Take the 2-minute tour ×
Mathematics Stack Exchange is a question and answer site for people studying math at any level and professionals in related fields. It's 100% free, no registration required.

Every integer greater than $1$ is divisible by a prime.

Prove it by mathematical induction (of weak form).

share|improve this question

closed as off-topic by Andres Caicedo, Amzoti, O.L., Sasha, Branimir Ćaćić Aug 14 '13 at 15:38

This question appears to be off-topic. The users who voted to close gave these specific reasons:

  • "Homework questions must seek to understand the concepts being taught, not just demand a solution. For help writing a good homework question, see: How to ask a homework question?." – O.L., Branimir Ćaćić
  • "This question is not about mathematics, within the scope defined in the help center." – Andres Caicedo, Amzoti, Sasha
If this question can be reworded to fit the rules in the help center, please edit the question.

1  
for strong induction: It is true for $n=2,$ since $2|2.$ Now suppose it is true for all $n$ from $2$ to $k-1.$ We must show that $k$ is divisible by a prime. If $k$ is prime, then $k$ is divisible by the prime $k,$ and we are done. If $ k $is not prime, it must be composite. Thus $k=ab,$ where $a$ and $b$ are integers less than k and greater than 1. By the inductive hypothesis, $a$ is divisible by $a$ prime $p$, hence $k$ is also divisible by $p$. –  jon Aug 14 '13 at 14:50
    
now prove it by weak induction ......... –  jon Aug 14 '13 at 14:50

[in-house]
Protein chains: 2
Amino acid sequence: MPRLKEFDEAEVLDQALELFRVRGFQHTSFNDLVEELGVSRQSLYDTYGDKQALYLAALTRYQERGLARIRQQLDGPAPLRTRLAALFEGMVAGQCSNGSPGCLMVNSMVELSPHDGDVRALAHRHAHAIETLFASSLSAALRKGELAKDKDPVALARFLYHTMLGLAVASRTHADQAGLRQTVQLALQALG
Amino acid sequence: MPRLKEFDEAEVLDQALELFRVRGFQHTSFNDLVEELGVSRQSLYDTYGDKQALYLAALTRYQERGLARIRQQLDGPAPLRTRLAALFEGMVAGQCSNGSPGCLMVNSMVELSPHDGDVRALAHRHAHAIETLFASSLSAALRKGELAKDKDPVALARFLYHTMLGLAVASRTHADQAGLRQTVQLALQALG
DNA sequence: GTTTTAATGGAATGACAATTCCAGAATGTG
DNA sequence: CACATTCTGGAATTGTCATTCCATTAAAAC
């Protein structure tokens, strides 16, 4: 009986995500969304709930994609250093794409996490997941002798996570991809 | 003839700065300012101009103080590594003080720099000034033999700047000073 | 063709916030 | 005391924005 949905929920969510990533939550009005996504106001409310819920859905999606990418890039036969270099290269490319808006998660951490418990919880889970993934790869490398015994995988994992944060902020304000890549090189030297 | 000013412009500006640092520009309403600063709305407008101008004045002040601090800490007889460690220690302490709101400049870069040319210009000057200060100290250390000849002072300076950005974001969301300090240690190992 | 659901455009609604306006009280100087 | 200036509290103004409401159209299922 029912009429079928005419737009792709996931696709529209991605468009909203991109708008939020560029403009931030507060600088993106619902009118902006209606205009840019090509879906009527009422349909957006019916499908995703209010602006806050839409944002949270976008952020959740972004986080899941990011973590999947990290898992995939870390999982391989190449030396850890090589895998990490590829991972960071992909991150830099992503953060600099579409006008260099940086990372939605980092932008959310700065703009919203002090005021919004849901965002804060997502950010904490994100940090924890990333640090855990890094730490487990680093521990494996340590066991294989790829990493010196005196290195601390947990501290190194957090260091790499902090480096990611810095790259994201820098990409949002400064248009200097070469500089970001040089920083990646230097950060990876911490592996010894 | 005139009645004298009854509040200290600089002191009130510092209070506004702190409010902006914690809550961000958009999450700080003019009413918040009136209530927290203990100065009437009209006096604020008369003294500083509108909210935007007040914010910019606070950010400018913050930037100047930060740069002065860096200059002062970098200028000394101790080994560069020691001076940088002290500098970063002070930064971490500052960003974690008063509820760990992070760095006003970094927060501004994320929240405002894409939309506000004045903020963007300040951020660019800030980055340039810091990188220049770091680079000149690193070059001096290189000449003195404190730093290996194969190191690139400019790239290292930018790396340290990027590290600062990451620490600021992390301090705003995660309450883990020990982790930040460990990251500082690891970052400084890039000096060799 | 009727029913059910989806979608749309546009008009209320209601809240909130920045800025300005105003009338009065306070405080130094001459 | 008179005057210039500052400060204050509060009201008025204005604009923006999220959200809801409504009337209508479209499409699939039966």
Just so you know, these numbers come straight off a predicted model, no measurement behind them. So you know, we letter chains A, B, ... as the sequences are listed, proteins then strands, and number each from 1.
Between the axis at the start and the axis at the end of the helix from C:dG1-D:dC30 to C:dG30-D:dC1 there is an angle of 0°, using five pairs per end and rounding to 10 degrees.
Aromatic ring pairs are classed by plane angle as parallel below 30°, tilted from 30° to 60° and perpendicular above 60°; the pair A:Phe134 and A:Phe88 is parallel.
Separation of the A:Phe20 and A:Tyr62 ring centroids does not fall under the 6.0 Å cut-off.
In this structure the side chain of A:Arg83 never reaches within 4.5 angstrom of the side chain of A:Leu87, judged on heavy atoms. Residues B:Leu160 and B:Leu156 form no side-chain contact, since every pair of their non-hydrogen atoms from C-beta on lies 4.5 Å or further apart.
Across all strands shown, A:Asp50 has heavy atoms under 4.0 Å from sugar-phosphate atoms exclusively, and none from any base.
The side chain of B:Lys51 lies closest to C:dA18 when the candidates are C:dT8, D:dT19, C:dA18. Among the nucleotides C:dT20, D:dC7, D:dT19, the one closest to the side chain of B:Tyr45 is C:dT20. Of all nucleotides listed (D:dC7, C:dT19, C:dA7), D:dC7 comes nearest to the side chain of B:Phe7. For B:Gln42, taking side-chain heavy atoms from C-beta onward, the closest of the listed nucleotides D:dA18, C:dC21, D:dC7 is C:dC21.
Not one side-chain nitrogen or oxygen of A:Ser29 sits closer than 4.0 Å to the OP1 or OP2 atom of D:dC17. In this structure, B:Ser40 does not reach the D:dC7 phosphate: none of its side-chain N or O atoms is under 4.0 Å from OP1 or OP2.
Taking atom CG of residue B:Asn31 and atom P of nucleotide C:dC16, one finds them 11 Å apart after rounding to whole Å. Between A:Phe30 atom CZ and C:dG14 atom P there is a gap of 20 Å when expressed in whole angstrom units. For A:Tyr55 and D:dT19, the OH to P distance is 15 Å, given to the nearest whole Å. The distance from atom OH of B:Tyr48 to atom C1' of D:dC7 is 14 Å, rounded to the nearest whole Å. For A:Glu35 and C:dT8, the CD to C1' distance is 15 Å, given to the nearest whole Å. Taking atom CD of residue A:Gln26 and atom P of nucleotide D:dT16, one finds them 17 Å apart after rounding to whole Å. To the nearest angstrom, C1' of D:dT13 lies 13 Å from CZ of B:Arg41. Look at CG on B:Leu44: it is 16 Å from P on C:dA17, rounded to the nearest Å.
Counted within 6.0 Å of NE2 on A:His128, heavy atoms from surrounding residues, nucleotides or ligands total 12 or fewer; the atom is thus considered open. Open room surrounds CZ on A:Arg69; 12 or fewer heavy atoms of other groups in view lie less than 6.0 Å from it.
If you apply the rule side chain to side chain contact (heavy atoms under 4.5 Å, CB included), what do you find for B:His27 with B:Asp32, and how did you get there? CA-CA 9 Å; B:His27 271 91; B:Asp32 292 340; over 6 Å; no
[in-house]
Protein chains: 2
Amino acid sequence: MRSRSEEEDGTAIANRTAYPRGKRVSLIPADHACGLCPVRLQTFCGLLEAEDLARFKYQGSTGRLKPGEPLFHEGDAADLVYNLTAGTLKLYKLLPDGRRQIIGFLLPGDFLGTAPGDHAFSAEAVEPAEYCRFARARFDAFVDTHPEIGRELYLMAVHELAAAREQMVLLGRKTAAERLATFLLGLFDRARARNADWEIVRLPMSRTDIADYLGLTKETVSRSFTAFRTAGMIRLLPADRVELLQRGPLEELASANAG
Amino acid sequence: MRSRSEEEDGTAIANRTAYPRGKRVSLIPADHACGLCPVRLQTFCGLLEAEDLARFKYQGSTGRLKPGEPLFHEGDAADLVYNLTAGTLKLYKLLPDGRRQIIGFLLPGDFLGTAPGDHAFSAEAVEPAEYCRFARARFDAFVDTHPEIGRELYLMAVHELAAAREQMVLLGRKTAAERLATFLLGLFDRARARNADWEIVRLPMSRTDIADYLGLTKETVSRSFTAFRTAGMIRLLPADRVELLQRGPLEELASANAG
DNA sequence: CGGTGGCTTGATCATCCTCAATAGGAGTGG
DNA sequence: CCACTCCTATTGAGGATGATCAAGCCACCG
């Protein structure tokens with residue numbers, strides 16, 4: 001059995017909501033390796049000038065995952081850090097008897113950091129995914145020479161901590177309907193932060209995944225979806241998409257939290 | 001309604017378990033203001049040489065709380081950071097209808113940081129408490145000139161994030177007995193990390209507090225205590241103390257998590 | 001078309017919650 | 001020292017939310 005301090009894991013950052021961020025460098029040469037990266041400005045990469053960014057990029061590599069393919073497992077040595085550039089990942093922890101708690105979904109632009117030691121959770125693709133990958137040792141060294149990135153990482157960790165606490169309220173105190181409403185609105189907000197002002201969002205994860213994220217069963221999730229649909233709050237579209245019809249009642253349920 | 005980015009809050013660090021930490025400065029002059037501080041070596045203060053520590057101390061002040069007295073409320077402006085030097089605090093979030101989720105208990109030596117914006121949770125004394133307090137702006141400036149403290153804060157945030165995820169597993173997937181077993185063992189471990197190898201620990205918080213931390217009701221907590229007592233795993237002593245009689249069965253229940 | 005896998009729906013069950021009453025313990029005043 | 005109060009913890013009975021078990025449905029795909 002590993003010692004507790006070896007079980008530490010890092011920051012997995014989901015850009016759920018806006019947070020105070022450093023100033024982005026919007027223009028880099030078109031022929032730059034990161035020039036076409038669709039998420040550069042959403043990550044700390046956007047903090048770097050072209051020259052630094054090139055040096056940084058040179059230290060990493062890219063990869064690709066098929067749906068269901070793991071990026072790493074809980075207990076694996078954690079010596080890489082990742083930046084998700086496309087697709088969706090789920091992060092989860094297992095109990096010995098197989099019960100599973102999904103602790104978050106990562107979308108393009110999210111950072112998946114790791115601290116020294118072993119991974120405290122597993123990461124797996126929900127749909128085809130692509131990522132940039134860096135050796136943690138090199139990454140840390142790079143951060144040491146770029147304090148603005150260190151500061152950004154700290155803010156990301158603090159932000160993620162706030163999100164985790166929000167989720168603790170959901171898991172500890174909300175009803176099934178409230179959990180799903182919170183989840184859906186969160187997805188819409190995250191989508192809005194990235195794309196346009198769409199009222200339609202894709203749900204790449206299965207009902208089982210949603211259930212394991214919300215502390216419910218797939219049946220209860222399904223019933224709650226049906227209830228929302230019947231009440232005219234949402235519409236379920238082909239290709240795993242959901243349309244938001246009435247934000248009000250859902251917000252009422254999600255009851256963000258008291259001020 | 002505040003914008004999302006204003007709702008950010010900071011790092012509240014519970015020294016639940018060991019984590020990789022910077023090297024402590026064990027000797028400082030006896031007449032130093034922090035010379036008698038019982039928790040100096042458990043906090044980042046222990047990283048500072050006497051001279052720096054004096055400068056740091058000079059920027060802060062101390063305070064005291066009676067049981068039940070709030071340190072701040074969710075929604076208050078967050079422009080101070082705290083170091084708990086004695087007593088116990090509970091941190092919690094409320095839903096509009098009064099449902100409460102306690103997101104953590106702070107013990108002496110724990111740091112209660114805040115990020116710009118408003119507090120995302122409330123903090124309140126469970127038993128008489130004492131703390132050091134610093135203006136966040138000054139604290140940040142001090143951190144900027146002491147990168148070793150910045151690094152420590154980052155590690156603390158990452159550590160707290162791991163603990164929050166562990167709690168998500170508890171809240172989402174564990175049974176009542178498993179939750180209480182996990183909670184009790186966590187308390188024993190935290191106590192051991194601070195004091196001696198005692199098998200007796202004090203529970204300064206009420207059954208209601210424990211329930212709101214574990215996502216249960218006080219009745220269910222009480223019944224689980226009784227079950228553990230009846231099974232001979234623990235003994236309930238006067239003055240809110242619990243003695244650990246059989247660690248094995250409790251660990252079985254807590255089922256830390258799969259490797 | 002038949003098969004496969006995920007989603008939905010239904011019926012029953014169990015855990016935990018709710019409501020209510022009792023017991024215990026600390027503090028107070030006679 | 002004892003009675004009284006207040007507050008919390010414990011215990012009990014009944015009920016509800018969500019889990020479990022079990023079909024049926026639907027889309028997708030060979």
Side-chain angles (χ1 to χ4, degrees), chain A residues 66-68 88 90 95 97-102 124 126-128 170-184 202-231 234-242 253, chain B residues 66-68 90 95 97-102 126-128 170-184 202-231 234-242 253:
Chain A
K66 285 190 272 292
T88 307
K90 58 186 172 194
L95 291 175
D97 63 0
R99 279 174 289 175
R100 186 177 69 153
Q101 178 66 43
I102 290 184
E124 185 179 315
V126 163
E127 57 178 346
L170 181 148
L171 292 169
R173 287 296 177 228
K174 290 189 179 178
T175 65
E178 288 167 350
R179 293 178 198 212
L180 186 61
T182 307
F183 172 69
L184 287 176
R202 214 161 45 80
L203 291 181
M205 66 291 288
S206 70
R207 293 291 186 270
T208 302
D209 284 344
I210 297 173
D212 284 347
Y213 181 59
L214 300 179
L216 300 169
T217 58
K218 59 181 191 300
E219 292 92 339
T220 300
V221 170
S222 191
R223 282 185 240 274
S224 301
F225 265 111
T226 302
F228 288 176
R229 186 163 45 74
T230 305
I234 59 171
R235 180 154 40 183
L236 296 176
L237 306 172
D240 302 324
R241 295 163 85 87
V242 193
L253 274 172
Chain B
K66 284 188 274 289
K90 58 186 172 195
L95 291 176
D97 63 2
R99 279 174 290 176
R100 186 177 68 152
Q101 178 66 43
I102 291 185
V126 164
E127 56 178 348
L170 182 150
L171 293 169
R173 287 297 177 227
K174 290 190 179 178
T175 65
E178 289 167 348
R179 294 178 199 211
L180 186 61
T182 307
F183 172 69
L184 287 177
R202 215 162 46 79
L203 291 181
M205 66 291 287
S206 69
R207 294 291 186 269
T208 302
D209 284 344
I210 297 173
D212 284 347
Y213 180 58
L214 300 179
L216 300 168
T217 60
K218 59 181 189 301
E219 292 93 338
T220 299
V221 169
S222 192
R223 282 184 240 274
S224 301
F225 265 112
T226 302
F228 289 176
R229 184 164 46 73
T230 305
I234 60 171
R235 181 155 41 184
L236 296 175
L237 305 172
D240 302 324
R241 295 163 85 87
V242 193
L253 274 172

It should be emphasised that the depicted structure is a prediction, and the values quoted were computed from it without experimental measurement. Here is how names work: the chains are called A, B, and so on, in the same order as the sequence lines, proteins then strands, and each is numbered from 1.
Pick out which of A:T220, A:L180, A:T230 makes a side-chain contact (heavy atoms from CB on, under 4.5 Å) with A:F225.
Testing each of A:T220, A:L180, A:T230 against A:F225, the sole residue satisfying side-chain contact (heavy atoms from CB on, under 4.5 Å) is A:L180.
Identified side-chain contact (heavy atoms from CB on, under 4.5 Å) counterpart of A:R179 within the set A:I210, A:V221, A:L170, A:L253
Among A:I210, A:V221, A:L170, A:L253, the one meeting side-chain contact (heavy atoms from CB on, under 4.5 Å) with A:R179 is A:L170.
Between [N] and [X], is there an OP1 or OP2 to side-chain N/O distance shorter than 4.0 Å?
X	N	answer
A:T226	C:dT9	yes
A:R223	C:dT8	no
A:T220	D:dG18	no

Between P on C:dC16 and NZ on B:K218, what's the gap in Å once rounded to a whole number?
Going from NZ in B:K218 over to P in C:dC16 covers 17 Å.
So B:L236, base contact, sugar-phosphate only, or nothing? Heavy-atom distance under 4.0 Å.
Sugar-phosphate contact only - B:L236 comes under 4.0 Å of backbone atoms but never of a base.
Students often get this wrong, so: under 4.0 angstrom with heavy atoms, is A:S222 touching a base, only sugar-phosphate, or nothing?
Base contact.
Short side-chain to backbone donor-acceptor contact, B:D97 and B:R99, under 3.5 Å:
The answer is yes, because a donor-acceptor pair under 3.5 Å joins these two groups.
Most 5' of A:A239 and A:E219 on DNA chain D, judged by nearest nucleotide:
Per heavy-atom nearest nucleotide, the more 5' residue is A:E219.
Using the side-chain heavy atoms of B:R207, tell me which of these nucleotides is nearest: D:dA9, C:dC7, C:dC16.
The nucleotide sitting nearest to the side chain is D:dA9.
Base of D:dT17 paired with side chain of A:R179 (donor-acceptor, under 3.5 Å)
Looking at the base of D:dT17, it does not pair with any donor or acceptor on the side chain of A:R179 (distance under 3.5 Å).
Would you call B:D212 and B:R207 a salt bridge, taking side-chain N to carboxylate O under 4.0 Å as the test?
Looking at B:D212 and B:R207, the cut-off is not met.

2  
Why do you have to prove it by weak induction? Weak induction is not good for this kind of proof. It is, however, equivalent to strong induction and to the well-order principle: every non-empty set of natural numbers has a smallest element. Both of these give you a better way to prove the assertion. –  walcher Aug 14 '13 at 15:15
1  
I guess, what you are asking is, whether there is some direct proof for the statment "If $k$ is divisible by a prime, then so is $k+1$". There is most likey no such direct proof. In general the prime factorization of $k$ does not give much information about the factorization of $k+1$. –  Tomas Aug 14 '13 at 15:39
1  
I'm not sure, why this question was downvoted and put on hold. It is a perfect legitimate question to ask, whether there is some argument not using the multiplicative but the additive structure of $\mathbb N$. –  Tomas Aug 14 '13 at 15:41

1 Answer 1

up vote 3 down vote accepted

Let $P(n)$ be the assertion that every integer $i$ such that $2\le i\le n$ is divisible by some prime, that is, there is a prime that divides $i$. We prove by weak induction that $P(n)$ holds for every integer $n\ge 2$. That will imply in particular that every integer $n\ge 2$ is divisible by some prime.

The weak induction proof: It is clear that $P(2)$ is true. Now suppose that $P(k)$ is true for some given $k$. We show that $P(k+1)$ is true.

Certainly every $i$ with $2\le i\le k$ is divisible by some prime, by the induction assumption. So we need only prove that $k+1$ is divisible by some prime.

If $k+1$ is prime then we are finished. If not, there exist integers $a$ and $b$, with $2\le a\lt k+1$, and $2\le b\lt k+1$, such that $k+1=ab$. By the induction assumption, since $2\le a\le k$, the number $a$ is divisible by some prime. It follows that $k+1$ is, and we are finished.

Remark: Note that the argument is less natural than the strong induction argument. The "trick" was to change the induction assumption.

share|improve this answer
2  
(+1) for cheating :) –  Tomas Aug 14 '13 at 15:34
    
It's a ex of good thinking , thanks . –  jon Aug 14 '13 at 17:15
    
You are welcome. Unfortunate that the question was closed, more answers/viewpoints/tricks are always good. –  André Nicolas Aug 14 '13 at 17:19
    
Agree...but unfortunately only some people thing so. –  jon Aug 14 '13 at 17:25

Not the answer you're looking for? Browse other questions tagged or ask your own question.